Fueled by a new commitment from content owners, broadcasters and operators – and an easing of data caps — the Australian online video market is booming, with 83% of Australian Internet users 15-65 years old saying they watch online video, an increase of nearly two-thirds since 2012.
And, those 11.6 million viewers are becoming a more mobile audience, with new research showing that more than half watch online video on a smartphone at least monthly, up 50% in the past year. Tablet viewing has grown even more rapidly, said the research, up 62% in the past year from 29% of the audience to 47%.
Crucial to industry development, says the research, from Frost & Sullivan, is that brands are noticing and are spending money in the space. The online video advertising market is predicted to reach $780 million in 2019, an increase of 294% from $198 million in 2014.
Online video advertising is growing faster than all other major online general advertising segments, including online display advertising. For the 12 months to June 2014, the online video advertising market grew by 60%, compared to 55% in the year prior.
Spending on mobile video ads has increased strongly over the past 12 months; a trend that’s expected to continue over the next few years.
Video ad pricing for premium inventory, especially long form content, has increased significantly because of a scarcity of video ad spots.
But , non-premium ad rates are declining due to growing over-supply of ad spots in the market.
As brands and agencies discover the value of online video, the market is moving toward a complete solution for buying video across traditional TV broadcasting and online video channels, with the video ad exchange ecosystem evolving and eliminating the distinction between the traditional roles of a video ad platform provider and a video ad network.
The proportion of online video ads traded programmatically in Australia as a proportion of the total ads traded has increased strongly during the last 12 months. However, the majority of this trading is for non-premium inventory. Increasingly, ad agencies and brands are placing their online video inventory directly through ad exchanges, and some are building their own trading desks.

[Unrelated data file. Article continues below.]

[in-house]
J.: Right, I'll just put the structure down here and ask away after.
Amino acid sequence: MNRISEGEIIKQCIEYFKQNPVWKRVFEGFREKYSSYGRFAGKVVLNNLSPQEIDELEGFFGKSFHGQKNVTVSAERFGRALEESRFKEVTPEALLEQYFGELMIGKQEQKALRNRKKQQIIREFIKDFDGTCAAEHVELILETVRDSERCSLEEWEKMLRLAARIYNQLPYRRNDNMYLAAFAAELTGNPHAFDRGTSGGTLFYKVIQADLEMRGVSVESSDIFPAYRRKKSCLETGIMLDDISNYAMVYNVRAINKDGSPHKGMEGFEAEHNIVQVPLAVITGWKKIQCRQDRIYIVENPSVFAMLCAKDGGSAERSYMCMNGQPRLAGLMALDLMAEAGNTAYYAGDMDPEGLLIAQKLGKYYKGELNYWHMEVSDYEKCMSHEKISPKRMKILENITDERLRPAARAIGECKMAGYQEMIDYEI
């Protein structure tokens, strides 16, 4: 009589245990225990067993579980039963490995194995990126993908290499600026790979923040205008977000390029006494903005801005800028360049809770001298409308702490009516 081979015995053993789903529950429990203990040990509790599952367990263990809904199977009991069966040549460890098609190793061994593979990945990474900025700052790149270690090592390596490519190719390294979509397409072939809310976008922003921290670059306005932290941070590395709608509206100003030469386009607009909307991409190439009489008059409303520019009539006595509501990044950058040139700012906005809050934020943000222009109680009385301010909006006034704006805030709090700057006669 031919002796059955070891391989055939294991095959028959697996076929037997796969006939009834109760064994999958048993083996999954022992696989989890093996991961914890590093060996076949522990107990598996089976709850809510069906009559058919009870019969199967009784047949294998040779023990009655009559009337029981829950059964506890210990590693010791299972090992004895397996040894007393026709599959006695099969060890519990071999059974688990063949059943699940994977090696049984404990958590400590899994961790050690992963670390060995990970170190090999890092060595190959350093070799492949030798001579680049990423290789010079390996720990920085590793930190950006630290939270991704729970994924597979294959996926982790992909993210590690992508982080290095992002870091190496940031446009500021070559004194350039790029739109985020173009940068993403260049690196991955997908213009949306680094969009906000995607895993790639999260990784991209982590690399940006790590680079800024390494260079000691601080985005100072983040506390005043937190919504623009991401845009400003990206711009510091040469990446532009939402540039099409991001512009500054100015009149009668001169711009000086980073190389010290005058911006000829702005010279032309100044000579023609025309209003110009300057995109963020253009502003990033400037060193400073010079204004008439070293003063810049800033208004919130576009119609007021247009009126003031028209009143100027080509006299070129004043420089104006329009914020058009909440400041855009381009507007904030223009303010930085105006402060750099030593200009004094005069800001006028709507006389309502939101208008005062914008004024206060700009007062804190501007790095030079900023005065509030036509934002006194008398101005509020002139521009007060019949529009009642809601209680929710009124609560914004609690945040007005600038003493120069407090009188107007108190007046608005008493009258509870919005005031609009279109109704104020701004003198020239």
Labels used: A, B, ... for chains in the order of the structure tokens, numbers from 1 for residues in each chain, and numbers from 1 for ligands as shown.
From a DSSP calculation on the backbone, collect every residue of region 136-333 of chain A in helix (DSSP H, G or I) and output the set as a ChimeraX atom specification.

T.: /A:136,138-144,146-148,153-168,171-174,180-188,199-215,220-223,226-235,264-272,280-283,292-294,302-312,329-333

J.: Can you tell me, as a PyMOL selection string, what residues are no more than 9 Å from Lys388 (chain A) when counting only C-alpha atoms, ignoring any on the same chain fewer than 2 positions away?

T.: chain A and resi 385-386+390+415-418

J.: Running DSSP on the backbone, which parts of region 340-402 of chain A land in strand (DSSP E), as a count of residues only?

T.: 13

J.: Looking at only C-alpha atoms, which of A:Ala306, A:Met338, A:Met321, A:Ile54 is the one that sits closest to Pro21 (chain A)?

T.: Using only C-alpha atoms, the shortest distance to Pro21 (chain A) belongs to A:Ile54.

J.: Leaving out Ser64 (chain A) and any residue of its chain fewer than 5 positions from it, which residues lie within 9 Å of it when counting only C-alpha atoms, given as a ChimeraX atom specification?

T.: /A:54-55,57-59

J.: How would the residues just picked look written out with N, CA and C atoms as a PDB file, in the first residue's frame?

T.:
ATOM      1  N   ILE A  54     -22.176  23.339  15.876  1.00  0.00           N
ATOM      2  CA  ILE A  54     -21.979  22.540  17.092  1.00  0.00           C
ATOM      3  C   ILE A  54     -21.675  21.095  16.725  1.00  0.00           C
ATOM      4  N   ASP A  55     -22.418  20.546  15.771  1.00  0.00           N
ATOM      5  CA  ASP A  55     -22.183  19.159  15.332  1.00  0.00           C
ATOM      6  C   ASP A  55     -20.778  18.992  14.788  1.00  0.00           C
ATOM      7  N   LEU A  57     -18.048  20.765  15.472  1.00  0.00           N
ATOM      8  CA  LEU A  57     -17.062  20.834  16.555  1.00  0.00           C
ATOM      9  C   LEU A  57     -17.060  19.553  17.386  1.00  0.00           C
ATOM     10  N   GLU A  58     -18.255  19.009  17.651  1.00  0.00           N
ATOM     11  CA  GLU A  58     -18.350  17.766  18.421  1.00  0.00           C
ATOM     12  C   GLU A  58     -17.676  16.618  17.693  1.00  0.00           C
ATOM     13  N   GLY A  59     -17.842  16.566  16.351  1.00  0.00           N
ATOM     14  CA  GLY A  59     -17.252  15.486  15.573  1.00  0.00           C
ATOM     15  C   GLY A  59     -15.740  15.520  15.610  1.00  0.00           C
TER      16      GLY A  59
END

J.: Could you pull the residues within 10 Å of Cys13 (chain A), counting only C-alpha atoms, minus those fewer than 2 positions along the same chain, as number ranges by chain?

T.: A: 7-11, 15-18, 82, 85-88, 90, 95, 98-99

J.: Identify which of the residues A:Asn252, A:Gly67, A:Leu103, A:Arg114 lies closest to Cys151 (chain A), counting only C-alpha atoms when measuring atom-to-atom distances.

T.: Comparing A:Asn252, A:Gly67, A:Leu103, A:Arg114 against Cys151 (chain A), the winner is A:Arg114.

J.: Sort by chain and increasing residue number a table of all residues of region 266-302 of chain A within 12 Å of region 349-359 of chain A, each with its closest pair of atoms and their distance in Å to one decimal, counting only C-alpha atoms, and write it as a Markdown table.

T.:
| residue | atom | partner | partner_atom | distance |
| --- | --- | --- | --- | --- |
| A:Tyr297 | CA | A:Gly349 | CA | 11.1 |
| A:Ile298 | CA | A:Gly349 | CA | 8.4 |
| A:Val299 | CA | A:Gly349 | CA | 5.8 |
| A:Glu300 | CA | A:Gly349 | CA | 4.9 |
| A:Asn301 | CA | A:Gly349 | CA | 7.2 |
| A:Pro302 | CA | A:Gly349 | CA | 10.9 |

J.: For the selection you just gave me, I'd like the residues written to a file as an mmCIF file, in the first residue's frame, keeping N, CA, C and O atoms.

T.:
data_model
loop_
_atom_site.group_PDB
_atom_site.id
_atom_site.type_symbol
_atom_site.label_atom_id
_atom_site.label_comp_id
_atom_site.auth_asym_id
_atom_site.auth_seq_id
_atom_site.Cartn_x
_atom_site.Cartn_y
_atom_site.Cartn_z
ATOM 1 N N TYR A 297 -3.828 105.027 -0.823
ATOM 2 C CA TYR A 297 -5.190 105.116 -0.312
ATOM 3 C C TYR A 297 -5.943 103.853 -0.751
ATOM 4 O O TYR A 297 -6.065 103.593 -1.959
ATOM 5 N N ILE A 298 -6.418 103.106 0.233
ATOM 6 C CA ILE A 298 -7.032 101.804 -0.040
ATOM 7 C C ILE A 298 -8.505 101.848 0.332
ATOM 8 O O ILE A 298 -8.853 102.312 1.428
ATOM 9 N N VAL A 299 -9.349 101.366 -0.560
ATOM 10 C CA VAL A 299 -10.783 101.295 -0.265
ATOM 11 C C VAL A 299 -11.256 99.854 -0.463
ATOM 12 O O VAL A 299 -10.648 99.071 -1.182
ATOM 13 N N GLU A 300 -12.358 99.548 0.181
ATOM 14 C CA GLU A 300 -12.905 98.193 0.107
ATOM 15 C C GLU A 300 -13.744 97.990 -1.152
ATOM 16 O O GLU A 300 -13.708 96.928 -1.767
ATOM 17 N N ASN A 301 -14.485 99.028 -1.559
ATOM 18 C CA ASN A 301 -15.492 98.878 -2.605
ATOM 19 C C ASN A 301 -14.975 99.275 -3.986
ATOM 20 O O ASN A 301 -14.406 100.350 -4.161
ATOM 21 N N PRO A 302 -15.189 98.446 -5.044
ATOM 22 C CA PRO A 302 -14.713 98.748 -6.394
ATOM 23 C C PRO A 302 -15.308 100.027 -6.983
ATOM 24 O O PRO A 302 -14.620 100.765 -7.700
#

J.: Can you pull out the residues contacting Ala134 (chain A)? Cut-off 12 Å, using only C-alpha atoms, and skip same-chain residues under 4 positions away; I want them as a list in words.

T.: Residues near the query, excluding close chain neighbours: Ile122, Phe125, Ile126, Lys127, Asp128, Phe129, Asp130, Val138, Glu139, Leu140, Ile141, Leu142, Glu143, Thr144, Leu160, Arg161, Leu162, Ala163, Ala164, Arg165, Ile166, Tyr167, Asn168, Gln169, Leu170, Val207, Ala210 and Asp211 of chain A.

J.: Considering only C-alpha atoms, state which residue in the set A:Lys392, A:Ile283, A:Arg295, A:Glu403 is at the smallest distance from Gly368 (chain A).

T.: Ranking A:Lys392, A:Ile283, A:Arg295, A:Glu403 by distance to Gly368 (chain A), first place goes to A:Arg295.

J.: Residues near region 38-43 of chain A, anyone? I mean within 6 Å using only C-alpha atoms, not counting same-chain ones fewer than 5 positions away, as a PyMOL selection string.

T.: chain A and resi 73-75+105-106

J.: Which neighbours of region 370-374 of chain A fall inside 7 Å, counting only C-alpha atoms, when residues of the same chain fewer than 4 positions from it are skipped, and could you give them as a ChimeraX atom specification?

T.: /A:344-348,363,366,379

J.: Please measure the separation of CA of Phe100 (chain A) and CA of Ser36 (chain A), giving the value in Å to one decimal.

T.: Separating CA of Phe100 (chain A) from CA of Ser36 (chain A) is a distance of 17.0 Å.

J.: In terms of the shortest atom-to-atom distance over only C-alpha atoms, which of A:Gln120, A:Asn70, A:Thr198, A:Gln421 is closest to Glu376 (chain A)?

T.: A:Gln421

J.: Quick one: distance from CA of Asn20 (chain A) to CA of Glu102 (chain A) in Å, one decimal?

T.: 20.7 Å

Meanwhile, the type of content being watched also is evolving and broad.
Some 21% of viewers say they watch news most days, with 24% saying they watch it at least once a month on average.
Sports also has become increasingly important to viewers, said the study.
Also growing: Longer form content. The study said long-form of all types, including premium content such as movies or TV shows, also is up.
“Viewing patterns are being aided by improving data allowances from Internet service providers,” said Phil Harpur, senior research manager, Australia & New Zealand ICT Practice, Frost & Sullivan, along with a greater range of content availability from subscription video-on-demand (SVOD) providers.
With Netflix hovering on the horizon (a 2015 launch is anticipated), uptake of OTT and SVOD services native to Australia has been modest. But, more local entries, like Foxtel Go and Foxtel Presto, Quickflix and the just-launched NEON service from Sky New Zealand, are stirring up the market.
“Online video content is now a core part of the strategy of many online publishers from both a content and advertising perspective,” Harpur said. “Local online news sites are incorporating more online video content and those produced by online publishers such as Fairfax Media and Yahoo!7 continues to evolve.”
But, he said, a lack of locally generated content is a key reason Australians view the majority of popular video content like music, gaming, sports, and movies from overseas websites.